Although I am now a thorough-going Minnesotan, having lived here since 1966 with my wife (an R. N.) and having raised my three daughters in the Twin Cities, I hail originally from the steel-mill town of Homestead, Pennsylvania, where I lived until I was eleven. Then my family moved to San Francisco, where I attended Riordan High School and the University of San Francisco before entering the Army and serving in Germany as a lieutenant of field artillery. Upon my discharge, I earned a Ph. D. in English and American literature as a Danforth Fellow at Stanford University. Following graduate study, I came to the University of Minnesota as an assistant professor, eventually advancing to professor. Specializing in the literature of British North America during the colonial period and American literature in the early national period, I have also taught quite a range of other courses in British and American literature and American Studies. Throughout most of the 1980s, I chaired American Studies, and during my years on the Minnesota faculty I have also held positions as a visiting professor at Stanford, the University of San Francisco, the University of Salzburg (as a Fulbright Fellow) and the University of Amsterdam. I have received the College of Liberal Arts Distinguished Teacher Award, the University of Minnesota Morse-Alumni Award for outstanding graduate teaching, the English Department Ruth Christie Award for outstanding undergraduate teaching, and the MidAmerica American Studies Kolmer Award for teaching and mentoring in American Studies.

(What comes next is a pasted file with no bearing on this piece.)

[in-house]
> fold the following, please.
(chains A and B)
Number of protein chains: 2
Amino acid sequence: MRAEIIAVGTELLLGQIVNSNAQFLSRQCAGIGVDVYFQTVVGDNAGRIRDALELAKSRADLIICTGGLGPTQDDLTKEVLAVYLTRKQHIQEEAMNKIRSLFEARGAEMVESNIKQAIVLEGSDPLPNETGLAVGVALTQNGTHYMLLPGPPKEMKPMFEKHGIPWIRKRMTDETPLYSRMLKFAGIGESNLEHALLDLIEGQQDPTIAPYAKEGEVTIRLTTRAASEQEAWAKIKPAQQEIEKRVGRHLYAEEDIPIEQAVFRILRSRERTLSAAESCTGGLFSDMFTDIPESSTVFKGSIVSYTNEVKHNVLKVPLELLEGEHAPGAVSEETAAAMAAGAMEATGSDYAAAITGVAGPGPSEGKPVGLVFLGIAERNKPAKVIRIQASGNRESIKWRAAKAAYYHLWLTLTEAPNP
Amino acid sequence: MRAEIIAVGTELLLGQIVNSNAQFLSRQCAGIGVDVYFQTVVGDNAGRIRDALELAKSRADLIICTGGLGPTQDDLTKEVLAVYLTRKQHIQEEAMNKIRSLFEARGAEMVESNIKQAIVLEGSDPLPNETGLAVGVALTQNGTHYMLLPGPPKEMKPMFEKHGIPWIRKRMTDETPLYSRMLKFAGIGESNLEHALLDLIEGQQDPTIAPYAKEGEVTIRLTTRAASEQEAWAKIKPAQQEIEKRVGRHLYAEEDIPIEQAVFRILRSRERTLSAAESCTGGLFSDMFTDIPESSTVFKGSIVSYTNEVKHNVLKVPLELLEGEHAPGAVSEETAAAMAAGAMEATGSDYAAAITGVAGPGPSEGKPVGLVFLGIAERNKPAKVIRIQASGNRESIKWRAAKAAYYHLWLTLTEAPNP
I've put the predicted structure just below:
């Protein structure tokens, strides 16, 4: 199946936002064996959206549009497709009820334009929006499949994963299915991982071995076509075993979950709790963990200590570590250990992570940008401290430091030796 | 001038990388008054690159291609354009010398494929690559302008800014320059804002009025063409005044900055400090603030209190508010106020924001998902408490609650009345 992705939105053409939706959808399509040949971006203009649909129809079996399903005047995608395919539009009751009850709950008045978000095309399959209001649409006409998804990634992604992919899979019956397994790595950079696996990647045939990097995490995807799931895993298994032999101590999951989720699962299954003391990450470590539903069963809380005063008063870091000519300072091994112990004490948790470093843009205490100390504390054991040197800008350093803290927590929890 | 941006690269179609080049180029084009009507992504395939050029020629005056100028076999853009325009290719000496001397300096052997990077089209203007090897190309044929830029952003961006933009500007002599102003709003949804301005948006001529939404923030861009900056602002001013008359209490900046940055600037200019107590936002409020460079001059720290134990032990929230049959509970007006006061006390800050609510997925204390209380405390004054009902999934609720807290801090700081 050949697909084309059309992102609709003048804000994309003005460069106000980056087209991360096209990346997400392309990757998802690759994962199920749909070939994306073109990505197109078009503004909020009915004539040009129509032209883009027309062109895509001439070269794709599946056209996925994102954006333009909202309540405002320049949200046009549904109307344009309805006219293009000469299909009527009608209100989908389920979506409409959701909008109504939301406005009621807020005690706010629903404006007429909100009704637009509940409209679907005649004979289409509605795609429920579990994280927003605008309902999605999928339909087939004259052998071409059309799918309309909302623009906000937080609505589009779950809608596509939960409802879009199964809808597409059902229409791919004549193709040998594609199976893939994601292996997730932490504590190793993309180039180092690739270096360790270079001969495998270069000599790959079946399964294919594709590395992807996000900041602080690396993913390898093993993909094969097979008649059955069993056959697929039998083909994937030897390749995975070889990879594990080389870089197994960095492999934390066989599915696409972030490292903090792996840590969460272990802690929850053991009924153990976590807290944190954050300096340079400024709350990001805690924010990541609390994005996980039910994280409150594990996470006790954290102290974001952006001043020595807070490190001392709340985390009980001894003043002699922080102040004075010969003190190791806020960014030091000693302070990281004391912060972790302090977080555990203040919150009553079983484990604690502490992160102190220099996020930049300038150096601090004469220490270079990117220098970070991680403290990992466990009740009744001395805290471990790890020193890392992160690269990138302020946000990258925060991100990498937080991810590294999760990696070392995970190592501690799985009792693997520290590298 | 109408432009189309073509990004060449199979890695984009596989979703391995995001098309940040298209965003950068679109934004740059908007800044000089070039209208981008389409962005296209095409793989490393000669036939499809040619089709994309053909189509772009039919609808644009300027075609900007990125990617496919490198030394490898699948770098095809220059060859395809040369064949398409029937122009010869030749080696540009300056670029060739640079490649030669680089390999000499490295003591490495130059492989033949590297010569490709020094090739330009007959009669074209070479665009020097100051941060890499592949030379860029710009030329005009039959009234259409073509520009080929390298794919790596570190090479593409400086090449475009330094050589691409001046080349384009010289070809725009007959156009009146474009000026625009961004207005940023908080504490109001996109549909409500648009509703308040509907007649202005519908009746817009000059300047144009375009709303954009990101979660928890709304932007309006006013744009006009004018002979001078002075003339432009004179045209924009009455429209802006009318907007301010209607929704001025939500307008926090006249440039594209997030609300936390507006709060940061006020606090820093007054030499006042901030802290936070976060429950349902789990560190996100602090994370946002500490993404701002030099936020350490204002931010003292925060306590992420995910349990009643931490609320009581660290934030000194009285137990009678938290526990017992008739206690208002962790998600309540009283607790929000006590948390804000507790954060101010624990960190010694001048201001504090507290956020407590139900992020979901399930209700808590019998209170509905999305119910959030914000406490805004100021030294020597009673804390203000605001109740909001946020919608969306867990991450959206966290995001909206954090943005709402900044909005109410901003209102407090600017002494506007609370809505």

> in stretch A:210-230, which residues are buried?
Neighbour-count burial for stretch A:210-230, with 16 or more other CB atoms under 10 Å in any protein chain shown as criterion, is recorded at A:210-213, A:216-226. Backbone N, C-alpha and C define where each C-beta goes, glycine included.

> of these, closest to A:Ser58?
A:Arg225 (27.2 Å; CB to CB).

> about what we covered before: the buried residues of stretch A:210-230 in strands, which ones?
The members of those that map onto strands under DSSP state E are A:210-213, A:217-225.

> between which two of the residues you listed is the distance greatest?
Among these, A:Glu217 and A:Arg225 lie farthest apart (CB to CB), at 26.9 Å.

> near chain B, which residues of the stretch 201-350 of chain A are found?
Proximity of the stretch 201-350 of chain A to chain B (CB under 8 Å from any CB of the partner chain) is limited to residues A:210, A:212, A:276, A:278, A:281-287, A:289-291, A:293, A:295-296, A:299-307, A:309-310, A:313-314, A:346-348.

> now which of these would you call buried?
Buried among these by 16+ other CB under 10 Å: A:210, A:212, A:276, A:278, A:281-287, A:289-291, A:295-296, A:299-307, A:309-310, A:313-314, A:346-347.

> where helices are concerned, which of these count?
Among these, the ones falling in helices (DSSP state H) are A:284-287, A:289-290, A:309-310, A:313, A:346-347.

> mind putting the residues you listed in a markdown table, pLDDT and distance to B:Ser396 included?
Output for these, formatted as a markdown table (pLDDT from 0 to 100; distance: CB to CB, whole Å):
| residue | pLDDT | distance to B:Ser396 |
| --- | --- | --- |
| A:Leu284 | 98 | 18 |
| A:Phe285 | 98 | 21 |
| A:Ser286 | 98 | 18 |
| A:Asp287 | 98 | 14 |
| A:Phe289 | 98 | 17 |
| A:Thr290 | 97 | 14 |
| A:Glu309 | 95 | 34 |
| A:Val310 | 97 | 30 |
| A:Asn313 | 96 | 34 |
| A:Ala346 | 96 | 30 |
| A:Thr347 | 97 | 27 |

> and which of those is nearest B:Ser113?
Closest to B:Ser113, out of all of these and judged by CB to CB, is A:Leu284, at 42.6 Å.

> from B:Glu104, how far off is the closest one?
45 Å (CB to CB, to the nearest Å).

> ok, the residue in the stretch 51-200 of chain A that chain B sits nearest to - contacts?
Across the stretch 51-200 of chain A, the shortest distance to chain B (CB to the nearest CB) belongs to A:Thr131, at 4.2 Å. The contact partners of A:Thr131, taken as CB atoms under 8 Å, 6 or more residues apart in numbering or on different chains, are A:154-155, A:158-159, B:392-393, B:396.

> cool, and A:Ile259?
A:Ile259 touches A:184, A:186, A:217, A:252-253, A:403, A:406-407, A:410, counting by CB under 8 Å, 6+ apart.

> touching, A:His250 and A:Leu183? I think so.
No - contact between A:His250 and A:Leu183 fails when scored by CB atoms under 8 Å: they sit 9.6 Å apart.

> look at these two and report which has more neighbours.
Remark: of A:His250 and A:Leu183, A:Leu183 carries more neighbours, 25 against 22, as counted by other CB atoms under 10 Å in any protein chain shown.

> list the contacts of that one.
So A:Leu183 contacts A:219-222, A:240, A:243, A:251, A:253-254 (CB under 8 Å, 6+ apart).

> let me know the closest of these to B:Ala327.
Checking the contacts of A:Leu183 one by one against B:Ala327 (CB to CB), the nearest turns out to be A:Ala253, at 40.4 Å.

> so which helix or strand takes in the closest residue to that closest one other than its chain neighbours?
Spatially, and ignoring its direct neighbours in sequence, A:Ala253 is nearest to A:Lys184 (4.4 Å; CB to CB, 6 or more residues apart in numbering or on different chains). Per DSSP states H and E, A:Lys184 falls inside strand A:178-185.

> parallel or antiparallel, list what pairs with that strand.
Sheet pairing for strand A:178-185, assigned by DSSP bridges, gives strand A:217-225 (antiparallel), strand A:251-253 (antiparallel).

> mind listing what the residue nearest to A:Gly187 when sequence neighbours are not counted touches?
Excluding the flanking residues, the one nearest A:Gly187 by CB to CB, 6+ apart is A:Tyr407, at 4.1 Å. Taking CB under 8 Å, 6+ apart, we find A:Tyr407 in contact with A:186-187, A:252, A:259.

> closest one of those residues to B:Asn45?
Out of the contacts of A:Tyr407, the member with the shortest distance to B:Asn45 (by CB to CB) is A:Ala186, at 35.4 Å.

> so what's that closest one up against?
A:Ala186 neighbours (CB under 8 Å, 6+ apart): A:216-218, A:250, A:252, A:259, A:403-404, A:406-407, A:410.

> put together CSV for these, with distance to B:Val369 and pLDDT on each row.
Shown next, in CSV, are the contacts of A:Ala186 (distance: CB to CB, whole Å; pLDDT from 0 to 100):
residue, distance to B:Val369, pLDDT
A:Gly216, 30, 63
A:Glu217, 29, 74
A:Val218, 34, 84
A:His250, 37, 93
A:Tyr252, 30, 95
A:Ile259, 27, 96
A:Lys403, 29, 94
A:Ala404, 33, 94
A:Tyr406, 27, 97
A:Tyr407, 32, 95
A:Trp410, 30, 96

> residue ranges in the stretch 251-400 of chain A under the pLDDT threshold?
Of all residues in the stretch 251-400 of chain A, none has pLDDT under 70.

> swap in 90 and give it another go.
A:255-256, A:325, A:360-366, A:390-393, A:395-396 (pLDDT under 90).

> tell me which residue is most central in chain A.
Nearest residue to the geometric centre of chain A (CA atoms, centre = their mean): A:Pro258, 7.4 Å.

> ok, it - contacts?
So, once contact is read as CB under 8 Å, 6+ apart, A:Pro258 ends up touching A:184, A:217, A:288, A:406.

Educational Background & Specialties
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Educational Background

  • B.S.: English, University of San Francisco, 1959
  • Ph.D. : English and American Literature, Stanford University, 1966
  • M. A.: English and American Literature, Stanford University, 1966


  • American literature
  • American religion
  • American studies
  • Colonial literature
  • Use of early American history and literature by modern American writers